Combat is easily the weakest area of the new game, but that’s not to say that’s bad by any stretch. It just becomes a bit formulaic once you figure out each enemy’s weakness. Switching between powers on the fly adds variety to combat encounters, but they’re nowhere near as riveting as the platforming sections. I would have liked to see more experimentation in this area of gameplay.

Credit: Double Fine Productions

Slick, Smooth, Stylish

The oozing style of Psychonauts 2 is easily its strongest point. From its jaunty jazz soundtrack to the turbulent art style, the game constantly keeps things fresh by throwing something new and striking at you. Much of the game takes on the same plasticine appearance as the original, serving as a neat callback to its original Xbox roots. Throughout, the game looks strikingly akin to a high-budget animated movie. I’ve a feeling that it will stand the test of time for a long while.

That’s supported by the blending of 2D elements into the world. These are mostly done via the ‘Figment of Imagination’ collectibles that are strewn generously across the levels, and also as anchor points for the Mental Connection ability. Each new mind you explore also offers up unique takes on the established visual identity. More than once have I entered an environment and audibly gasped at how striking it is.

Something else that’s striking is how polished the game appears to be. Even on a pre-release copy, I never encountered a single bug, overlapping line of dialogue, or missed a jump that I thought I should have made. It’s impossible to say whether the added support from Microsoft helped to get the game to the place where it is now, but the certified quality is clear to see. It resembles something that I’d expect to see in a Nintendo or Sony first party game. Seeing the same achieved in a Microsoft first party title is fantastic to see.

Credit: Double Fine Productions


Double Fine made headlines a few months ago when it doubled down on its stance with accessibility features. I’m happy to report that there are a decent set of features here that should help pretty much everyone experience what Psychonauts 2 has to offer.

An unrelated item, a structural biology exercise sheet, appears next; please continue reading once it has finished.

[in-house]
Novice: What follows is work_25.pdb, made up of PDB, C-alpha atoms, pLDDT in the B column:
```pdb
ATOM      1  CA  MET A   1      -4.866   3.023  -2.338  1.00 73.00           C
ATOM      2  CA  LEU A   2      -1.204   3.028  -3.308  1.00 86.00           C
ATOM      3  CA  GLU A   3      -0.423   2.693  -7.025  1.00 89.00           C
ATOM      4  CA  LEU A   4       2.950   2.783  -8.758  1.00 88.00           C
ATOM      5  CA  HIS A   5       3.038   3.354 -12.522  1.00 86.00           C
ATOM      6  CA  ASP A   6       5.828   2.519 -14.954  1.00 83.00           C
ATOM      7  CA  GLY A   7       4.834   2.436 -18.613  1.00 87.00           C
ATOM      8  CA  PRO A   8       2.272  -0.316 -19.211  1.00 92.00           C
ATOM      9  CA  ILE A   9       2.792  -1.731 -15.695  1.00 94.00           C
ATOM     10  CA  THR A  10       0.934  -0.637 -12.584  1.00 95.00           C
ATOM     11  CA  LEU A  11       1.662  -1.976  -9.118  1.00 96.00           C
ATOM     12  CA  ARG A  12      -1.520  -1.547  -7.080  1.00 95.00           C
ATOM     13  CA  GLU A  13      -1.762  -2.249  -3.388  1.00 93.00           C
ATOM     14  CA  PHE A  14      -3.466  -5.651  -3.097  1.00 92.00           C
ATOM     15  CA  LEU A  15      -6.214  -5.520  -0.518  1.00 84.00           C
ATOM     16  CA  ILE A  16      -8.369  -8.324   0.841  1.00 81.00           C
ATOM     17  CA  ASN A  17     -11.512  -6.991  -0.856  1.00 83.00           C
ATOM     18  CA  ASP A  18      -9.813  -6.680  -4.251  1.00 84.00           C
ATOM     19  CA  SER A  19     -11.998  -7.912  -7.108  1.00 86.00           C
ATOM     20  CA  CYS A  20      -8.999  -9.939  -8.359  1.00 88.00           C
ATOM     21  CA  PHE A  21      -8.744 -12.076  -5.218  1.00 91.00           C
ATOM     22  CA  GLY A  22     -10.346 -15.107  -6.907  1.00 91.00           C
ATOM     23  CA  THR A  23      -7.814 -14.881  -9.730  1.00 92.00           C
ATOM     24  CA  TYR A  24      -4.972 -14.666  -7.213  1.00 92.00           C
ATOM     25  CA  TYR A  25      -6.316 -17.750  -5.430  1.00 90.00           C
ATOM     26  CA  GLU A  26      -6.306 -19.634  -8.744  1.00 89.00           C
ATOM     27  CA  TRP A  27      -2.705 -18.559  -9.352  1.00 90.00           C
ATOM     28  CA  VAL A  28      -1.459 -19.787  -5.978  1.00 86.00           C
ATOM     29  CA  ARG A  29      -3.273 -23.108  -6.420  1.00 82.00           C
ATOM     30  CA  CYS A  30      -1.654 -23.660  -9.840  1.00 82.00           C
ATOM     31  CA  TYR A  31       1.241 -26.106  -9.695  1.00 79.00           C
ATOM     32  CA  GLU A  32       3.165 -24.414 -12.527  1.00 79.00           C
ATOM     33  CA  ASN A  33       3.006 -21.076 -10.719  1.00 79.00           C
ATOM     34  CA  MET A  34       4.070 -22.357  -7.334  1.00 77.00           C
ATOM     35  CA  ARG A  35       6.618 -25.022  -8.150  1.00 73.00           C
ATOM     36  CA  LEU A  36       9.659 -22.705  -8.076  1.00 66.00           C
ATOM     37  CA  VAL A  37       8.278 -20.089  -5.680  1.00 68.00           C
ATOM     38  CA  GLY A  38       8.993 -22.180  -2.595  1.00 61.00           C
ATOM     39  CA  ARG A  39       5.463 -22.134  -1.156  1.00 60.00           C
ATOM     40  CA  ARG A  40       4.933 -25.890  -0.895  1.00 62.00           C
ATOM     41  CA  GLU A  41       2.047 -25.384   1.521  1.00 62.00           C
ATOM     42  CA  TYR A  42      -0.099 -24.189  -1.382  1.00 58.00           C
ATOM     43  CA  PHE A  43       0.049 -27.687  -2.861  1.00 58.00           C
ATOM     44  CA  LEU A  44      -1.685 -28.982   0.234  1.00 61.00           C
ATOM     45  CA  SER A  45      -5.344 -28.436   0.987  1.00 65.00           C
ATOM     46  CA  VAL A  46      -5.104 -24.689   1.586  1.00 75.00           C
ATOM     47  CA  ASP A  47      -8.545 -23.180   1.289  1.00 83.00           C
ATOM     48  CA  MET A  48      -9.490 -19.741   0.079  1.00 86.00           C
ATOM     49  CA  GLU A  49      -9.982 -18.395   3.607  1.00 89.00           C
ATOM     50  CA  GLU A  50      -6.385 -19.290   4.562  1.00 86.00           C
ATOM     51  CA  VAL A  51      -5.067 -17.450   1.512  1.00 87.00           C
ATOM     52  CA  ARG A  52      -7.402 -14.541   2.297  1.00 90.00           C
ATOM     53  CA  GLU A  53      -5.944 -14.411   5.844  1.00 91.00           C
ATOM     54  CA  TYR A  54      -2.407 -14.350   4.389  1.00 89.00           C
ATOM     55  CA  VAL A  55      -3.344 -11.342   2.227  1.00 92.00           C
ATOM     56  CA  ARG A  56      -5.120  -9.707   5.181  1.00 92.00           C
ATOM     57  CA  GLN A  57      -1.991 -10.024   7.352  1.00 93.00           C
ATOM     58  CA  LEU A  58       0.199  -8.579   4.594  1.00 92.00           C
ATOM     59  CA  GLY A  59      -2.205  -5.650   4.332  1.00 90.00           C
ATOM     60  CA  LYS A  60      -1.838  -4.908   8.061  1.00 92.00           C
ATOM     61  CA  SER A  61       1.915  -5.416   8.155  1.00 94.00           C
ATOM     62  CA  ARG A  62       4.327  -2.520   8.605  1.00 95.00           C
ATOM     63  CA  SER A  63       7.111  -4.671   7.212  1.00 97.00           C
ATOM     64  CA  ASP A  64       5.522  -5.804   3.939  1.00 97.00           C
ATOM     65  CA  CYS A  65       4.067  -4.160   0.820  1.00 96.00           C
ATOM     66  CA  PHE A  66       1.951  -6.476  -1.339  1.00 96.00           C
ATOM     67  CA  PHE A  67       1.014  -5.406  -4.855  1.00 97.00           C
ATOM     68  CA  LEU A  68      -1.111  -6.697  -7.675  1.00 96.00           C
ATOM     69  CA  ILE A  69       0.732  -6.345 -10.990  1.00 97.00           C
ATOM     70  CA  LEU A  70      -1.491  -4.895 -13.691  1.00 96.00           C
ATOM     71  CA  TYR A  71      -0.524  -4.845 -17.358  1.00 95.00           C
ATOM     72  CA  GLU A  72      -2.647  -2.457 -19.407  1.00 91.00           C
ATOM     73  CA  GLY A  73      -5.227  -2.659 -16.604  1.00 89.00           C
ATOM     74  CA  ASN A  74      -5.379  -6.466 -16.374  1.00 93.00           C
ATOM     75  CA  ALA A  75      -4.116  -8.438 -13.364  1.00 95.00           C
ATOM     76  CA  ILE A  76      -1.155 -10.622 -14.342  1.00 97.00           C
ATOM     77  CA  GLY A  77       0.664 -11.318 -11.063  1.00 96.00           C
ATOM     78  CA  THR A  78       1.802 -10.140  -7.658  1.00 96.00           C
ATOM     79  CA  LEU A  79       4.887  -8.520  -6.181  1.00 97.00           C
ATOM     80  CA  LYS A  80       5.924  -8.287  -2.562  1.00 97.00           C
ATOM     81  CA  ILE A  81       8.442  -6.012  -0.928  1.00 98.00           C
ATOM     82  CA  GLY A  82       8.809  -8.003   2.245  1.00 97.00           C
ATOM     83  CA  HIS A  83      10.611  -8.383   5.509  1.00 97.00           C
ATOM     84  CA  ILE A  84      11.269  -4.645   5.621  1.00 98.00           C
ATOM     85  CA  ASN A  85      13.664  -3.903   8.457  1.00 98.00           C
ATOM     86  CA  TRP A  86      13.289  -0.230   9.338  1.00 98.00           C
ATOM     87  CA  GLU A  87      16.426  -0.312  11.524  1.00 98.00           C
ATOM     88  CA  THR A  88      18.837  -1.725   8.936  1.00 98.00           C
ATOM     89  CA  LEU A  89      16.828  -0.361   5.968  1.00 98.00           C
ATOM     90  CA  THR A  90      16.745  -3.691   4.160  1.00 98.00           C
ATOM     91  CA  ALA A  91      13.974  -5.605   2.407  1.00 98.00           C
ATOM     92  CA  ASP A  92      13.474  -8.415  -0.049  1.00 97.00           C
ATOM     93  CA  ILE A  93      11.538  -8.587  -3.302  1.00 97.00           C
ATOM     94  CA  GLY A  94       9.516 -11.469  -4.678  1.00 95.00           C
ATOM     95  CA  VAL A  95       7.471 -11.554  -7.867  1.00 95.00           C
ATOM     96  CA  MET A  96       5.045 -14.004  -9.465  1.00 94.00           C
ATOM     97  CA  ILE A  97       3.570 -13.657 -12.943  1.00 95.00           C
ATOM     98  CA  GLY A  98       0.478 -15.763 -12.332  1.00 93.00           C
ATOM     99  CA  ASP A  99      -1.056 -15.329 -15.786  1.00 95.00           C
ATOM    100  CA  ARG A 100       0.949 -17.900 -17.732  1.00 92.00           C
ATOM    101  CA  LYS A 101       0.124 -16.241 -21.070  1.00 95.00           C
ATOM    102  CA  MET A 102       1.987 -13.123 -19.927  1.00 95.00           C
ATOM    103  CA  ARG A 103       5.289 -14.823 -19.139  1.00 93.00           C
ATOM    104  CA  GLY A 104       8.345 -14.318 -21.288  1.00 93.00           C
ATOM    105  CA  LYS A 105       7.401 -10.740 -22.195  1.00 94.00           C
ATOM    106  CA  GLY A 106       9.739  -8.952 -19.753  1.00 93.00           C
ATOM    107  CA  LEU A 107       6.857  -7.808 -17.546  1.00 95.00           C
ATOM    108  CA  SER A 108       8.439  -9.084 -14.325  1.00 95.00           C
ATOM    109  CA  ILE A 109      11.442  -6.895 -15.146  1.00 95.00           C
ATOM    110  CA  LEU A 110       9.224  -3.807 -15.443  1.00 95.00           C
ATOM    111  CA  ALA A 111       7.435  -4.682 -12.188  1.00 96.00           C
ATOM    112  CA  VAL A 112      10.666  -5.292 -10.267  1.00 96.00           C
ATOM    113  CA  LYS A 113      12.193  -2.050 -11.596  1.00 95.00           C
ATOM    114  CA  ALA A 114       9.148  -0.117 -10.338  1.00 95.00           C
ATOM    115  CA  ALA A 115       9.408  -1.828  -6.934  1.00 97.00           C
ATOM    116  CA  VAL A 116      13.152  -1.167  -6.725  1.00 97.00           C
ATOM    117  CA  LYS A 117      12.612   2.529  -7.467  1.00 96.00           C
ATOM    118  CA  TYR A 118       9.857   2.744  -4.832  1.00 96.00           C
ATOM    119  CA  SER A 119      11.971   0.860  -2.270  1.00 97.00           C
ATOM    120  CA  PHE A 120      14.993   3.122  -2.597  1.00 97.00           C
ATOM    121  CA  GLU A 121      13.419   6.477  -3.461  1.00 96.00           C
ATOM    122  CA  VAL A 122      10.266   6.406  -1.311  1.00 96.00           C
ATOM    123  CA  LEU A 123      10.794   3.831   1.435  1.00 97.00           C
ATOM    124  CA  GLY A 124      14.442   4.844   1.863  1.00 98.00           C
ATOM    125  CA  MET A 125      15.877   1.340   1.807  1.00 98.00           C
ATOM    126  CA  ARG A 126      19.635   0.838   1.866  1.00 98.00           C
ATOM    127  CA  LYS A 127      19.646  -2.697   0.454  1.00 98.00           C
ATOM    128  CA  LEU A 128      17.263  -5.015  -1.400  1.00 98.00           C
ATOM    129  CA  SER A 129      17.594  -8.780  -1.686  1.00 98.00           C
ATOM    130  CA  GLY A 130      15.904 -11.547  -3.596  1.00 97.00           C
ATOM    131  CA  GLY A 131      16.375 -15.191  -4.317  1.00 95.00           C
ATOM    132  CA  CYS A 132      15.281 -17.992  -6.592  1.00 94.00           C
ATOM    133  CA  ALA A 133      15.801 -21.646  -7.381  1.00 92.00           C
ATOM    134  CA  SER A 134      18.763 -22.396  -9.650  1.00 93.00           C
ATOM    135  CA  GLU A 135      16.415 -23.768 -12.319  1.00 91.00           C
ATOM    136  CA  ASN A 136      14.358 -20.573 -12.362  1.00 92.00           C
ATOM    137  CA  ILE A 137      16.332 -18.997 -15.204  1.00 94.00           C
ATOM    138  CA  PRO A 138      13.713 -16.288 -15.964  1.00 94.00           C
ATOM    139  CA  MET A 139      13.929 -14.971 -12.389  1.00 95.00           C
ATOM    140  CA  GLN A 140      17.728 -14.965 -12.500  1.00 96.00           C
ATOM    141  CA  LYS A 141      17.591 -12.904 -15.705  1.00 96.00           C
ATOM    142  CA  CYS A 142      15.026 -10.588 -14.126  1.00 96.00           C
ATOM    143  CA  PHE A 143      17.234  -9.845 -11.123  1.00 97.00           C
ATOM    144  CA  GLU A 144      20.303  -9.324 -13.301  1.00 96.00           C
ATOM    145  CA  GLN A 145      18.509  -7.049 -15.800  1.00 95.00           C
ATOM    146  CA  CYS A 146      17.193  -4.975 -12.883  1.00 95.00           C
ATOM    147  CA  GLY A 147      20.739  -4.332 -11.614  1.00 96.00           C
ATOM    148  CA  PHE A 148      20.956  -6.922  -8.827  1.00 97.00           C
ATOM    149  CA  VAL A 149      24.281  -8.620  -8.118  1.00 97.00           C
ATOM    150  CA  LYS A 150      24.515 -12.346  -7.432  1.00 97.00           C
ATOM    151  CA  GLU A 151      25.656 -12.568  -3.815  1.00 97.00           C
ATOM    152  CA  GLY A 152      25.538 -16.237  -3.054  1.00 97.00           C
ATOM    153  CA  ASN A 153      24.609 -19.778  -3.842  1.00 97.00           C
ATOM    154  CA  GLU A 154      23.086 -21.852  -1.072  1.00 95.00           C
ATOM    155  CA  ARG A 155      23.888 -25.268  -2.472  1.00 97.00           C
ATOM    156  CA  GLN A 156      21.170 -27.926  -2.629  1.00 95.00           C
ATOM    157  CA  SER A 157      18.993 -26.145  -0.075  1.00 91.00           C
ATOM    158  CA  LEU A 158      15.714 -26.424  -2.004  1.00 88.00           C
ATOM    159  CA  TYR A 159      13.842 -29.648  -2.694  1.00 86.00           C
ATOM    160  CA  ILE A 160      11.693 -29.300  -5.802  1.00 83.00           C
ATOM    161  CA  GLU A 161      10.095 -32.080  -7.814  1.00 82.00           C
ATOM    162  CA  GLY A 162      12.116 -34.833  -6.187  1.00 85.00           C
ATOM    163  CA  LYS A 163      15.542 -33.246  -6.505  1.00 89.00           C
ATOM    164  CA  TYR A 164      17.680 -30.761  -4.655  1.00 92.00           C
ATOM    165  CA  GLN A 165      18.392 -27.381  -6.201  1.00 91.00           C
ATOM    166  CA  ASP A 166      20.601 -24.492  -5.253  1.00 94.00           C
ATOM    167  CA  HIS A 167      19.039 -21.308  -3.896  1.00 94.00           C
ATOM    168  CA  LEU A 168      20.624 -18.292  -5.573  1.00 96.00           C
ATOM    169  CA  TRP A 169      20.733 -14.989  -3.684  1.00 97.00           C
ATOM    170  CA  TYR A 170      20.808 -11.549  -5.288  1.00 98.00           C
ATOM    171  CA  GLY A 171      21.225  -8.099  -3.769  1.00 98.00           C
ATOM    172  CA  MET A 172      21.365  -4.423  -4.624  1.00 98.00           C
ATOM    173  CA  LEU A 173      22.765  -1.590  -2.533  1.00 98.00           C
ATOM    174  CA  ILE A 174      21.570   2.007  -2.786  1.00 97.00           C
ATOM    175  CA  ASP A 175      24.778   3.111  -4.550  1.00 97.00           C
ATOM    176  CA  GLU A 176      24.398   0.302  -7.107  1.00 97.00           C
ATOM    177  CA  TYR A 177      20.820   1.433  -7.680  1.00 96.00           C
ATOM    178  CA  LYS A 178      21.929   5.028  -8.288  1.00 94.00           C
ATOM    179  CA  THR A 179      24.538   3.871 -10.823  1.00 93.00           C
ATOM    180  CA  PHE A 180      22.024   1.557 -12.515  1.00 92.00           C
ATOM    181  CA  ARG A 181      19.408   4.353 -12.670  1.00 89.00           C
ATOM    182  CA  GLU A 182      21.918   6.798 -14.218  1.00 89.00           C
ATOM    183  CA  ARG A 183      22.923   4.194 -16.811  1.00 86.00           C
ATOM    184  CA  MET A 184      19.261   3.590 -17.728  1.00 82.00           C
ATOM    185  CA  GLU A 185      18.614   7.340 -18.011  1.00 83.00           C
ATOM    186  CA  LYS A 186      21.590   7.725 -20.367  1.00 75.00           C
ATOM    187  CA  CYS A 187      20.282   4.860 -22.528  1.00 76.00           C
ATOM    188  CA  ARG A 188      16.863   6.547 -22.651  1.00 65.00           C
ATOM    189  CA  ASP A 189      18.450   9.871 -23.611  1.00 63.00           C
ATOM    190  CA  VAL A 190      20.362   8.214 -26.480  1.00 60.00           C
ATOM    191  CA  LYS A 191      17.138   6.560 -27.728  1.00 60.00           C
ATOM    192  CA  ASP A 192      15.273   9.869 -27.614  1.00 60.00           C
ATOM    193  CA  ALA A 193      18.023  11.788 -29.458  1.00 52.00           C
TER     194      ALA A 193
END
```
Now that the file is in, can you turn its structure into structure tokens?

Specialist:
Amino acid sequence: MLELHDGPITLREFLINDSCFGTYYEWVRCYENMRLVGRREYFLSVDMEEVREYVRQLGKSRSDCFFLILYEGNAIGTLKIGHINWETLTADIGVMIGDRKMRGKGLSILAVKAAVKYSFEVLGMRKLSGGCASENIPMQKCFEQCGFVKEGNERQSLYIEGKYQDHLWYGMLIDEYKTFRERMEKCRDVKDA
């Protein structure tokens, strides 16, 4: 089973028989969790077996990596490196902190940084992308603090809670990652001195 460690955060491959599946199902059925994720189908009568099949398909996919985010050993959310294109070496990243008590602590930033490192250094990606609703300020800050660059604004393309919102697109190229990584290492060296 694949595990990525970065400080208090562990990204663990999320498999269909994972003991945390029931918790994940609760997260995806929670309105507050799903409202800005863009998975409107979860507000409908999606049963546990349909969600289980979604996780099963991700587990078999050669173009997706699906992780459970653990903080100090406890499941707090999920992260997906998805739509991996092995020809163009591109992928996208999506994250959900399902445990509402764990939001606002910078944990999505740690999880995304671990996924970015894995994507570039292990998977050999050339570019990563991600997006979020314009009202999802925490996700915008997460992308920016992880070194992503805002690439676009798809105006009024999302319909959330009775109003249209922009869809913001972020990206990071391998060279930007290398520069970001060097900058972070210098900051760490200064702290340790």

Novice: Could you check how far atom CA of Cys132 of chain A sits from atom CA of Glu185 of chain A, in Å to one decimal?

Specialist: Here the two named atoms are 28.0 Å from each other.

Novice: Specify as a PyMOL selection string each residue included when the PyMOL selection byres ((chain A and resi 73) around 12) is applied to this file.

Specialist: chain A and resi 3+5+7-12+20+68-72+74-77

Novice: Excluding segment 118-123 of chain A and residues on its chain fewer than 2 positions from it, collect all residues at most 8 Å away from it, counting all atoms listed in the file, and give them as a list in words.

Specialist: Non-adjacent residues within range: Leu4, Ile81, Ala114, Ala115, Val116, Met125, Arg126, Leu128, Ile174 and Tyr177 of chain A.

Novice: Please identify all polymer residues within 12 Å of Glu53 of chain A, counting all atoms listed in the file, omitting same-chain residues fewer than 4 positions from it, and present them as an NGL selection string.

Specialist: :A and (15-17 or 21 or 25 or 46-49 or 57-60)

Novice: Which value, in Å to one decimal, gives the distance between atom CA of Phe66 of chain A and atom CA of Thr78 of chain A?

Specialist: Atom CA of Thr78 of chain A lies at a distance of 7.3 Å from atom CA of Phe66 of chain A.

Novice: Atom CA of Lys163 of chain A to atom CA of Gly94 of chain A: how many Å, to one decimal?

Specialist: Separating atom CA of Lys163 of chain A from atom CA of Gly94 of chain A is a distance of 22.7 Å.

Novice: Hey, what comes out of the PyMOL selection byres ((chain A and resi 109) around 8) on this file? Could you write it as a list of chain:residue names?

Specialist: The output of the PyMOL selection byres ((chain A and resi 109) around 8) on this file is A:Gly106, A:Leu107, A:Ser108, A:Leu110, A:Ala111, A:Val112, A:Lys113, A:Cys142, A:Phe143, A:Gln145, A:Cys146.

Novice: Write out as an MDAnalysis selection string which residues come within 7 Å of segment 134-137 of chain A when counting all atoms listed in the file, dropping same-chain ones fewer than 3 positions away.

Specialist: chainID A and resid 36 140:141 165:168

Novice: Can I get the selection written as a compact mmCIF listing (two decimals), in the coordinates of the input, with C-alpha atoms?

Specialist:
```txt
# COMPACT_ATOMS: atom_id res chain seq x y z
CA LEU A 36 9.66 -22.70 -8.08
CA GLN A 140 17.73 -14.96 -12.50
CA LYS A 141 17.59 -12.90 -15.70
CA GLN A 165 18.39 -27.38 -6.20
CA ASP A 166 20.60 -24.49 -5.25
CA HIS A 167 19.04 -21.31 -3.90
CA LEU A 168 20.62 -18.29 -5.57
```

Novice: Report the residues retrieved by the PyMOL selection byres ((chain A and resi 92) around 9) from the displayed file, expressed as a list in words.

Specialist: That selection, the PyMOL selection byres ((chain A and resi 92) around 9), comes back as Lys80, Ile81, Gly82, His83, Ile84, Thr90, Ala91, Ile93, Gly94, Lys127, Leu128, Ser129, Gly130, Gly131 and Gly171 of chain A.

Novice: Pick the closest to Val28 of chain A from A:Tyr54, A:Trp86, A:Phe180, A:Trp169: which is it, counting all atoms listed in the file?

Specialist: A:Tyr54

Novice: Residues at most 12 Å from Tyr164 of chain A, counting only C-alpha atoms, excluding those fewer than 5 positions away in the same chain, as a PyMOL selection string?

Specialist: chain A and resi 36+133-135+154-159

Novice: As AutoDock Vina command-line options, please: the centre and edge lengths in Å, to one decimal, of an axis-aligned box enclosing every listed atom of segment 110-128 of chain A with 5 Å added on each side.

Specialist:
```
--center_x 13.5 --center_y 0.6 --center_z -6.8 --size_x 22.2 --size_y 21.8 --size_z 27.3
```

These accessibility features are the first screen to appear when you launch the game, which is always a good start. From there are options to customize the subtitles and game fonts. Colourblind settings and a slider to change the camera shake intensity are also included. Going a step further, it’s possible to completely disable fall damage, toggle invincibility, and enable an easier form of combat. None of these options affect the players ability to unlock achievements or trophies, which is an excellent touch.

There’s room for improvement. With the crazy colour palette of Psychonauts 2, I would have liked to have seen a high contrast mode to make collectible finding more accessible. A text-to-speech reader for menus is also missing, and there are a few toggle control options out of place.

There’s a useful ‘Previously On’ video that recaps the story of the original game. It’s great for those who haven’t played the original for a while, but it also does a good enough job to catch someone with no Psychonauts experience up to speed.

Finally, a detailed mental health content warning does an accurate job of describing the difficult content that Psychonauts 2 can sometimes deal with. The game points players in the direction of useful mental health resources, which is great to see.

We’ll have a more detailed outline of the Psychonauts 2 accessibility features going up on GameByte later in the week.

Credit: Double Fine Productions

Is Psychonauts 2 worth your time?

Playing Psychonauts 2 is like taking a step back in time in the best way possible. The fact that the game’s core concept still holds up 16 years later is a testament to how far ahead of its time the first game was. Psychonauts 2 feels like it’s the game Double Fine always wanted to make. It incites a childlike, playful nature that I’ve not experienced in games for ages. At the same time, it deals with some heavy subject topics in ways that feel nuanced. Even if you haven’t touched the original, Psychonauts 2 is absolutely worth playing through.

Featured Image: Double Fine Productions

Game reviewed on PC. A copy of Psychonauts 2 was provided by PR for review purposes.